Thursday, June 2, 2011

Be Courageous! And Maybe Sort of Crazy.

My apologies to anyone who was hoping for a WIWW post yesterday. In case that's you, here are my excuses: 1. I took no photos this past week. 2. We are fairly consumed around here with preparing for our church's Bible Camp next week. 3. My heart is aching as I follow Tsh's (and other bloggers') posts from their trip to the Philippines with Compassion International, and it's kind of hard to talk about clothes right now.
Compassion Bloggers: Philippines 2011
If you haven't read any of her posts, please do. In sum, it's nigh impossible to look the other way when kids who could be your own children's playmates live in shacks with cardboard ceilings on top of marshes that are basically giant cesspools. 

Of course, guilt we may feel about our First World perspective is only useful as far as it goads us to action. Sometimes that means committing to send money. God is infinitely wealthy, yes. But He tends to leave much of the distribution to us. 

And sometimes, being His hands and feet and ears and eyes and mouth means showing compassion right here at home. 

Story #1. A few months ago I was in an outlet store browsing girls' swimsuits. I suddenly became aware that a woman standing at the counter a few feet away was sobbing into her cellphone. Then the sobbing became wailing. Y'all, I'm talking volcanic weeping here. As in, the entire store fell silent and stared at her. You could have heard an embroidered onesie drop. 

I wanted to help this woman. But the weird thing was, I worried that if I stepped forward, she might lash out at me. Might misinterpret, might blow me off. And what would the other shoppers think? (This nonsense happens when the word "me" enters the deliberations.) I hesitated. Then I walked over to her and just stood next to her until she hung up her phone.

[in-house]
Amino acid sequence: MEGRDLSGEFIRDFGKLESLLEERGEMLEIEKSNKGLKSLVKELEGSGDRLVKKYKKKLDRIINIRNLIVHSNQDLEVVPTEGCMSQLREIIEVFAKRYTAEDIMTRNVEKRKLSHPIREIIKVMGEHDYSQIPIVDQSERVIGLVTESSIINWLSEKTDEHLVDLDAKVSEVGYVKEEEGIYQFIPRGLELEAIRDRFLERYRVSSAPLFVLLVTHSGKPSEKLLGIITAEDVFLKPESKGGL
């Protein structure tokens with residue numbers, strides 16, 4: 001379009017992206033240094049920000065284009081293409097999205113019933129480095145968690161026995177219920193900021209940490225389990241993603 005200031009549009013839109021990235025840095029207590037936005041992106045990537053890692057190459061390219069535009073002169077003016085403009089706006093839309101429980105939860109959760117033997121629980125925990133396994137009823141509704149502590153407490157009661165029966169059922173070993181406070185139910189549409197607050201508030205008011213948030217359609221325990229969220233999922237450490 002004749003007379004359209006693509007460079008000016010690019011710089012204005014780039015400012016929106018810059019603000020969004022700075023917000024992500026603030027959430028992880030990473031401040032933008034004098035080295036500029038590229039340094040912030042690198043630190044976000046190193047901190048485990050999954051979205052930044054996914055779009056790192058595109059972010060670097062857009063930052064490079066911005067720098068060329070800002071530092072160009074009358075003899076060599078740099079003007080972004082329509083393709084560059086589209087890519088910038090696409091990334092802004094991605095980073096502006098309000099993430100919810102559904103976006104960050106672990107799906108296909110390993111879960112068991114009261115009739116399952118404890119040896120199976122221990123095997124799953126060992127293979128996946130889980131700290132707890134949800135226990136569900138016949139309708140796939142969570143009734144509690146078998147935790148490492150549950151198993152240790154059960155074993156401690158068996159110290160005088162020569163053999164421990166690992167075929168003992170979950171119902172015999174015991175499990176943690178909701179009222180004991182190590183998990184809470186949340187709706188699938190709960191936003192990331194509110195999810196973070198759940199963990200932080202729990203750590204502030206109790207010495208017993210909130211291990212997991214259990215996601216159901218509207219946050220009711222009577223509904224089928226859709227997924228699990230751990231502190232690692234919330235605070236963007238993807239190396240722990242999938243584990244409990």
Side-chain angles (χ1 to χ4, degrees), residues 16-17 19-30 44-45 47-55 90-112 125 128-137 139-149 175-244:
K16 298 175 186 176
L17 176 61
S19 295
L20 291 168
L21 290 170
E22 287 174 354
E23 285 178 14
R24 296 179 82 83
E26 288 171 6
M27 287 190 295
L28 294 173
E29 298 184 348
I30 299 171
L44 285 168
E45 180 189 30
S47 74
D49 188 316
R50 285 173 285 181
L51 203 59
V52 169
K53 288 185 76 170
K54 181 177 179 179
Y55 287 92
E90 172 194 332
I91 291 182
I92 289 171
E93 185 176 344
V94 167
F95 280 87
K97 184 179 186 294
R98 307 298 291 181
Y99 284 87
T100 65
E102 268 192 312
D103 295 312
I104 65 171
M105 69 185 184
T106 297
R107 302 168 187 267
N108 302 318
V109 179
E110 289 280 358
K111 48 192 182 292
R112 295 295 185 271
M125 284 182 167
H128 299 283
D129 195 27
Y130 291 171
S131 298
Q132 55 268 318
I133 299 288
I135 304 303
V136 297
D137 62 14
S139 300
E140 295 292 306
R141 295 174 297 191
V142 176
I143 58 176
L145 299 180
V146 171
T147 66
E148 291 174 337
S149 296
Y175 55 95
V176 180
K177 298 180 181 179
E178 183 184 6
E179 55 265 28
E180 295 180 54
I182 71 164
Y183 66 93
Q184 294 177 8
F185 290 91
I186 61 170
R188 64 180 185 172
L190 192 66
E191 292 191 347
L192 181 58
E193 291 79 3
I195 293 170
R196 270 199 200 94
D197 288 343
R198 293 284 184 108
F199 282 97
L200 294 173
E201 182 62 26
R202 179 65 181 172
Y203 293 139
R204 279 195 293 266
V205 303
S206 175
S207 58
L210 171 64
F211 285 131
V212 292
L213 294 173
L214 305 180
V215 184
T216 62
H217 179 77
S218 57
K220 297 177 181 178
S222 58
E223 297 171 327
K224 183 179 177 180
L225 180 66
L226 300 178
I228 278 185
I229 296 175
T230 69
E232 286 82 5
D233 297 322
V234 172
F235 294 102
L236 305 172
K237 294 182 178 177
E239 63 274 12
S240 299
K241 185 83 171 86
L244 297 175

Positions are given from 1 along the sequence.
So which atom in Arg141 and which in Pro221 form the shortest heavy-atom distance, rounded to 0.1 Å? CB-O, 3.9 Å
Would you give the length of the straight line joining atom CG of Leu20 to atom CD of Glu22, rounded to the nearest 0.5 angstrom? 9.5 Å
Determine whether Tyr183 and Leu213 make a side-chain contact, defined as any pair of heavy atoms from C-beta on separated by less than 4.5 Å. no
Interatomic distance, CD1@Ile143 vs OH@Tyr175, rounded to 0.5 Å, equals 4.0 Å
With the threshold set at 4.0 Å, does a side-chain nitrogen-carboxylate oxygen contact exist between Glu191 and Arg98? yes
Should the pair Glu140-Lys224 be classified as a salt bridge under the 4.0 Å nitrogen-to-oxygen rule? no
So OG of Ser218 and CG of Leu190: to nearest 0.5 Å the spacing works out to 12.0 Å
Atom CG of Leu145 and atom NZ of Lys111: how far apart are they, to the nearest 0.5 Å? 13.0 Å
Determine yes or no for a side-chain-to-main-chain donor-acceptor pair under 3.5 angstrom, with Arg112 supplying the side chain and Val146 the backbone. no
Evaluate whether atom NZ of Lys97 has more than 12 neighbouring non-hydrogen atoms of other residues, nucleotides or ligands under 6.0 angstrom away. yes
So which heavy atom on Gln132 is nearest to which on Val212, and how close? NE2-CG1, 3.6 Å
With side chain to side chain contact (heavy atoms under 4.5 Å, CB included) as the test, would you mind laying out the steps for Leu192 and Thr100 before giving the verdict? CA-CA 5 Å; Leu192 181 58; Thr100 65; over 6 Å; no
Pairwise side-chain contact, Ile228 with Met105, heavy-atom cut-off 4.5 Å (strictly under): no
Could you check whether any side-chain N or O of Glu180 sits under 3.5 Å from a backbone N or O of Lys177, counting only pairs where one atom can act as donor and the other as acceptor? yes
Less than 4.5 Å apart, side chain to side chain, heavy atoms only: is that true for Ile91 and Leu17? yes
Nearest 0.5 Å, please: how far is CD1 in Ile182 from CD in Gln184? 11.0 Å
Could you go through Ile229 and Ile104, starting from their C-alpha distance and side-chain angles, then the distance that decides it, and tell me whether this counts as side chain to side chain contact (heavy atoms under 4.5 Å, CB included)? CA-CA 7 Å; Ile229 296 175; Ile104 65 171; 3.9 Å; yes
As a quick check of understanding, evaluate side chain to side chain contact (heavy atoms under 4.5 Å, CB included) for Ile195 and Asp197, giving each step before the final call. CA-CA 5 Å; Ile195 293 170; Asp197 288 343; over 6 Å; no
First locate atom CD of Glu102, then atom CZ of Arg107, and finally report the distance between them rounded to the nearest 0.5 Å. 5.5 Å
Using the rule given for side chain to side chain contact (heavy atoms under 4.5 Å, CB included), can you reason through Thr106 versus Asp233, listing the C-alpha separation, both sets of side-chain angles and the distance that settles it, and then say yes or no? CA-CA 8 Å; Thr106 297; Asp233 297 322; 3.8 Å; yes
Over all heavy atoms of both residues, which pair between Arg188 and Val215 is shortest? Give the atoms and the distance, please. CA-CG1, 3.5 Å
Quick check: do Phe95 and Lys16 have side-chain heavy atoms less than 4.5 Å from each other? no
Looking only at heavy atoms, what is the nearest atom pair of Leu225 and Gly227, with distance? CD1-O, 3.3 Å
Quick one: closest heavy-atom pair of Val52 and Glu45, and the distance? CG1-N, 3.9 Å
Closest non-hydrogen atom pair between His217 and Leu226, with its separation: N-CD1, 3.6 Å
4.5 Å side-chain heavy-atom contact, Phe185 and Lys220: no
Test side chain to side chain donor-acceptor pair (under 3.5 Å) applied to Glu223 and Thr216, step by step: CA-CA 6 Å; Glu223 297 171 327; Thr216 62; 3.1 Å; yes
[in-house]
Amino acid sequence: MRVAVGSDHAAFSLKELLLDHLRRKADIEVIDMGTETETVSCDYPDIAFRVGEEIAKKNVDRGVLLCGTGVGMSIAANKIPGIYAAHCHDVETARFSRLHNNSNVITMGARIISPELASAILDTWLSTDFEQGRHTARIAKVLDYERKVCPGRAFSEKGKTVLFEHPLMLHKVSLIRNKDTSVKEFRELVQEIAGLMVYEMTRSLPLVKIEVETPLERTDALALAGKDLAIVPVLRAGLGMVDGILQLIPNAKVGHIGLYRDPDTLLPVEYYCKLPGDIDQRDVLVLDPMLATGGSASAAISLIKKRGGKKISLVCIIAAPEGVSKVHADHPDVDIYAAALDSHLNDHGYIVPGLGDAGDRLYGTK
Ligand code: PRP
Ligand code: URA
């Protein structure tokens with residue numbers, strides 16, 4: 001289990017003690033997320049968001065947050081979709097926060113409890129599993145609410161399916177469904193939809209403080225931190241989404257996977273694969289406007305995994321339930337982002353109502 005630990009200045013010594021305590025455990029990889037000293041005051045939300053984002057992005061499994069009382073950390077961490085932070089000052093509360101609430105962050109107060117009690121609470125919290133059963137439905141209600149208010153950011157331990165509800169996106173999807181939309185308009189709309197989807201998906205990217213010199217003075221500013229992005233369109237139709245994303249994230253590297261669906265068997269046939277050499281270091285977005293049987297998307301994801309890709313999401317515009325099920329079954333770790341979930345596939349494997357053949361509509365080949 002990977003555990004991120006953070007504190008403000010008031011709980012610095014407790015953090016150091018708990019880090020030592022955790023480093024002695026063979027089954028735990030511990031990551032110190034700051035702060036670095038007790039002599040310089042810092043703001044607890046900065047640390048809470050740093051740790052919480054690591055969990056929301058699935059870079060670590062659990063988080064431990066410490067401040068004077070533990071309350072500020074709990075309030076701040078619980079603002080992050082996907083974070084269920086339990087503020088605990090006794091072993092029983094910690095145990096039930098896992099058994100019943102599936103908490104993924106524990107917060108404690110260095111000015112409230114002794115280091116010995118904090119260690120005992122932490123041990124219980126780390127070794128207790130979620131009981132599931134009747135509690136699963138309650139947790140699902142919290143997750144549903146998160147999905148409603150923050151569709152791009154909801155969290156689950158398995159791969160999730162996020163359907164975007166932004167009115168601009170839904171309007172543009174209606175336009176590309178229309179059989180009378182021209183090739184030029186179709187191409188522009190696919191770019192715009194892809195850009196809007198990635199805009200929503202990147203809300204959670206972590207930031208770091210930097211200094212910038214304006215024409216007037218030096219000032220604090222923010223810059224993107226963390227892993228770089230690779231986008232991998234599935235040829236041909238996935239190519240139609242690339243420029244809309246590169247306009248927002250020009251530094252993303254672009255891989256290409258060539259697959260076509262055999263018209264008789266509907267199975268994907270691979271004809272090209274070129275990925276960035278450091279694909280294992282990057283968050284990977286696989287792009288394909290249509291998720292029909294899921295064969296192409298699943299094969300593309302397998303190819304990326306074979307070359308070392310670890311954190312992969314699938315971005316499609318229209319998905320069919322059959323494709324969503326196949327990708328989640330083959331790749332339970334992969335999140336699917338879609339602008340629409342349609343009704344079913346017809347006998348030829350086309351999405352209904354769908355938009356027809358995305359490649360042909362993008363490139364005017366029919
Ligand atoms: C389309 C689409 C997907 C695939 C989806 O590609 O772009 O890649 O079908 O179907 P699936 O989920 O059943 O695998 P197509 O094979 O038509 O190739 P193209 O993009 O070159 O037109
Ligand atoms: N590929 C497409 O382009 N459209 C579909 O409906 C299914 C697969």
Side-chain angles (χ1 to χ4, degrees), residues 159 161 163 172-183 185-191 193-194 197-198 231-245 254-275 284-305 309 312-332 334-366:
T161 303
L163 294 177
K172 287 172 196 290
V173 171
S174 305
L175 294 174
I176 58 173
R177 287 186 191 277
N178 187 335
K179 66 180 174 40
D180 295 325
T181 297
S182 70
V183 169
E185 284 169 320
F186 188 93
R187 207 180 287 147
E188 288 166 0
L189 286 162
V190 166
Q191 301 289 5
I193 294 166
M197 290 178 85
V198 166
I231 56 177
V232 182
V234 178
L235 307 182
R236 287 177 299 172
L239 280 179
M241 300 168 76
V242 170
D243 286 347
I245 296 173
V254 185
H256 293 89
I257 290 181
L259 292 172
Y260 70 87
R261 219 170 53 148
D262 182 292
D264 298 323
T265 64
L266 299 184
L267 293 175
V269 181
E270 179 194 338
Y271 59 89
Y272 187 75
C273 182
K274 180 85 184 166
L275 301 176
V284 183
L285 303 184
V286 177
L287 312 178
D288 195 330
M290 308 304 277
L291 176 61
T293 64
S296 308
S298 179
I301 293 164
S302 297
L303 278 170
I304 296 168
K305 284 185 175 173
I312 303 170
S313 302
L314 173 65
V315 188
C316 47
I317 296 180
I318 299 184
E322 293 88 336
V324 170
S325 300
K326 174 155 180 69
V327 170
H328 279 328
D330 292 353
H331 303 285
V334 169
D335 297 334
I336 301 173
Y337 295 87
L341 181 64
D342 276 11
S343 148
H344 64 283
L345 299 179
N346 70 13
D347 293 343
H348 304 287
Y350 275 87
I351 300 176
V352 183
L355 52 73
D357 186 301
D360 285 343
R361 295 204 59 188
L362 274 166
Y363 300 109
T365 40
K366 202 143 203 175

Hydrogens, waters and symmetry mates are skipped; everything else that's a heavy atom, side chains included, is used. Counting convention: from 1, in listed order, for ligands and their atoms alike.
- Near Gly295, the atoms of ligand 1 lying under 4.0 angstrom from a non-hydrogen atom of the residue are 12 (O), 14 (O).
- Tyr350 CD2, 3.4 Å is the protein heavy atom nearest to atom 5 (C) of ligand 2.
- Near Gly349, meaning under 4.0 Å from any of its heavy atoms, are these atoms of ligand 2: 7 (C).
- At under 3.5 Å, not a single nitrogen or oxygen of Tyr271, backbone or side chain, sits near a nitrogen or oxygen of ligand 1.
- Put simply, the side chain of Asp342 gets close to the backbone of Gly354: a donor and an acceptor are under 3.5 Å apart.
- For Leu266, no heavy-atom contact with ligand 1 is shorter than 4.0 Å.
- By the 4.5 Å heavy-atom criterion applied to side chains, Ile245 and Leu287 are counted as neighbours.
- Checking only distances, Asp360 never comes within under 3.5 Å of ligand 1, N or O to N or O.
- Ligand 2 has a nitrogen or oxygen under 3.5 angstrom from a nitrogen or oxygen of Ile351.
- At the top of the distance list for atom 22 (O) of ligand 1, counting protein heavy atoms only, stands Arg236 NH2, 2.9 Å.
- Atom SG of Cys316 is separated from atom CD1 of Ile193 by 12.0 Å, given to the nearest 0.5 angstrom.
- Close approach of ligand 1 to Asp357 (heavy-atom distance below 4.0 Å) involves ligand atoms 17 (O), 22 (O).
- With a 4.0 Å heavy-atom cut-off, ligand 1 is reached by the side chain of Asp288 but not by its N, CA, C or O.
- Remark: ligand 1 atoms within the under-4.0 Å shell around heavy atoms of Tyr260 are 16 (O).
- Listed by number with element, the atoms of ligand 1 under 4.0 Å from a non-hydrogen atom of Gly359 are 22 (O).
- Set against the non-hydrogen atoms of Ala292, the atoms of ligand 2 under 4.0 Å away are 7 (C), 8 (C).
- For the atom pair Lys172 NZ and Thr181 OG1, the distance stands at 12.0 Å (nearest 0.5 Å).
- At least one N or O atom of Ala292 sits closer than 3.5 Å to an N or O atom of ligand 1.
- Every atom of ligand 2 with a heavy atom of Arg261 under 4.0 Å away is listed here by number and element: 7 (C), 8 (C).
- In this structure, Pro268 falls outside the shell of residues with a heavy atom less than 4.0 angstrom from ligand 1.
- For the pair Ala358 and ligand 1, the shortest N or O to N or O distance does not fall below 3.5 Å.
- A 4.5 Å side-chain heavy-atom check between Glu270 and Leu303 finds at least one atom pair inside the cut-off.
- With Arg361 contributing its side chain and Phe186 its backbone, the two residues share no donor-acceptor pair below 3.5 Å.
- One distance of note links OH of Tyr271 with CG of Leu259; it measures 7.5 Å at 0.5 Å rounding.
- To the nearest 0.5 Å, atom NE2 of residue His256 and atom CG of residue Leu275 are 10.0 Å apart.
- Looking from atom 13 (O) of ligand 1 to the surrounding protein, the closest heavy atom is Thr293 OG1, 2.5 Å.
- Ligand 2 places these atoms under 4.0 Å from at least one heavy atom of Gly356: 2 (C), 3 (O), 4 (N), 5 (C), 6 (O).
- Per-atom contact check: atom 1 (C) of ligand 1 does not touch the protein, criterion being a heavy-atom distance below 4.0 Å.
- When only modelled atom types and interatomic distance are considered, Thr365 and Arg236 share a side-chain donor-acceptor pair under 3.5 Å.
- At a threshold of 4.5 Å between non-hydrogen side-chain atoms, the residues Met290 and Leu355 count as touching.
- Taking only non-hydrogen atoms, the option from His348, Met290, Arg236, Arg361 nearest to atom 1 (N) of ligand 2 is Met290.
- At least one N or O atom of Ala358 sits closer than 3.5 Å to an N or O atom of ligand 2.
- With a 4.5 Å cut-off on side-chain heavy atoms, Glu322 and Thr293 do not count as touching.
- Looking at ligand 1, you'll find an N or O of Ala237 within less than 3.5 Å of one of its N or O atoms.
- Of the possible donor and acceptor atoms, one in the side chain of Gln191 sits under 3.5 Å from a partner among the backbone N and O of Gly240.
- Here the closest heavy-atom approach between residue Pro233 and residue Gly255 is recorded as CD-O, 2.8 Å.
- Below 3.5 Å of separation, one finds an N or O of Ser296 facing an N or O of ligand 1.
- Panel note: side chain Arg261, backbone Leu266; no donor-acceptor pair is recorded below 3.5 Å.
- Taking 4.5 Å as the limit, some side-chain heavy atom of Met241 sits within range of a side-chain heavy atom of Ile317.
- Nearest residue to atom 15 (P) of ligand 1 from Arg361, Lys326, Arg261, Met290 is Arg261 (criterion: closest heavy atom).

"What's wrong?" I whispered through her sobs, as the cashier offered to hold the woman's baby. 

"My grandfather just died," she moaned. 

Still unsure of myself, I did what my intuition seemed to dictate. I just wrapped my arms around this woman and hugged her, listening to her choke out the story, until her husband, struggling with a stroller, walked into the store with a bewildered look on his face and managed to take over. 

Story #2. Yesterday, I was in the changing room at the Y. I'd just run for half an hour on the treadmill, and frankly, I probably stank. But I couldn't ignore the frantic squalling of a baby behind the row of lockers, the chatter of two toddlers, and the tense, exhausted voice of their young mother trying to corral kids, swimsuits, towels, shoes, etc. I could pretty much hear the sweat beading on her brow. 

 I have SO been there. Have you? 

Once again, I debated. Should I offer to help? Will she think I'm meddling where I have no business? 
Then: What's the worst that could happen? Answer: She could say no. 

I popped around the locker bank. "Can I help you? I have three kids of my own and I know how it is sometimes." 

It took her all of a nanosecond to hand me the baby, who wasn't happy about the situation but just had to put up with another pair of arms and a weird singing lady in a stinky workout top for a very long two minutes. We got shoes onto the other kids. We packed her bags. "Let me help you to your car," I suggested, and she agreed. She grabbed one and I, the other. (Why is that we moms always end up bringing giant boxcars with short handles to the pool?) I asked my girls to wait inside for me, and we walked all together to her car. 

I wanted to tell her, Jesus loves you

But I kind of figured she knew that. Sometimes, words are unnecessary.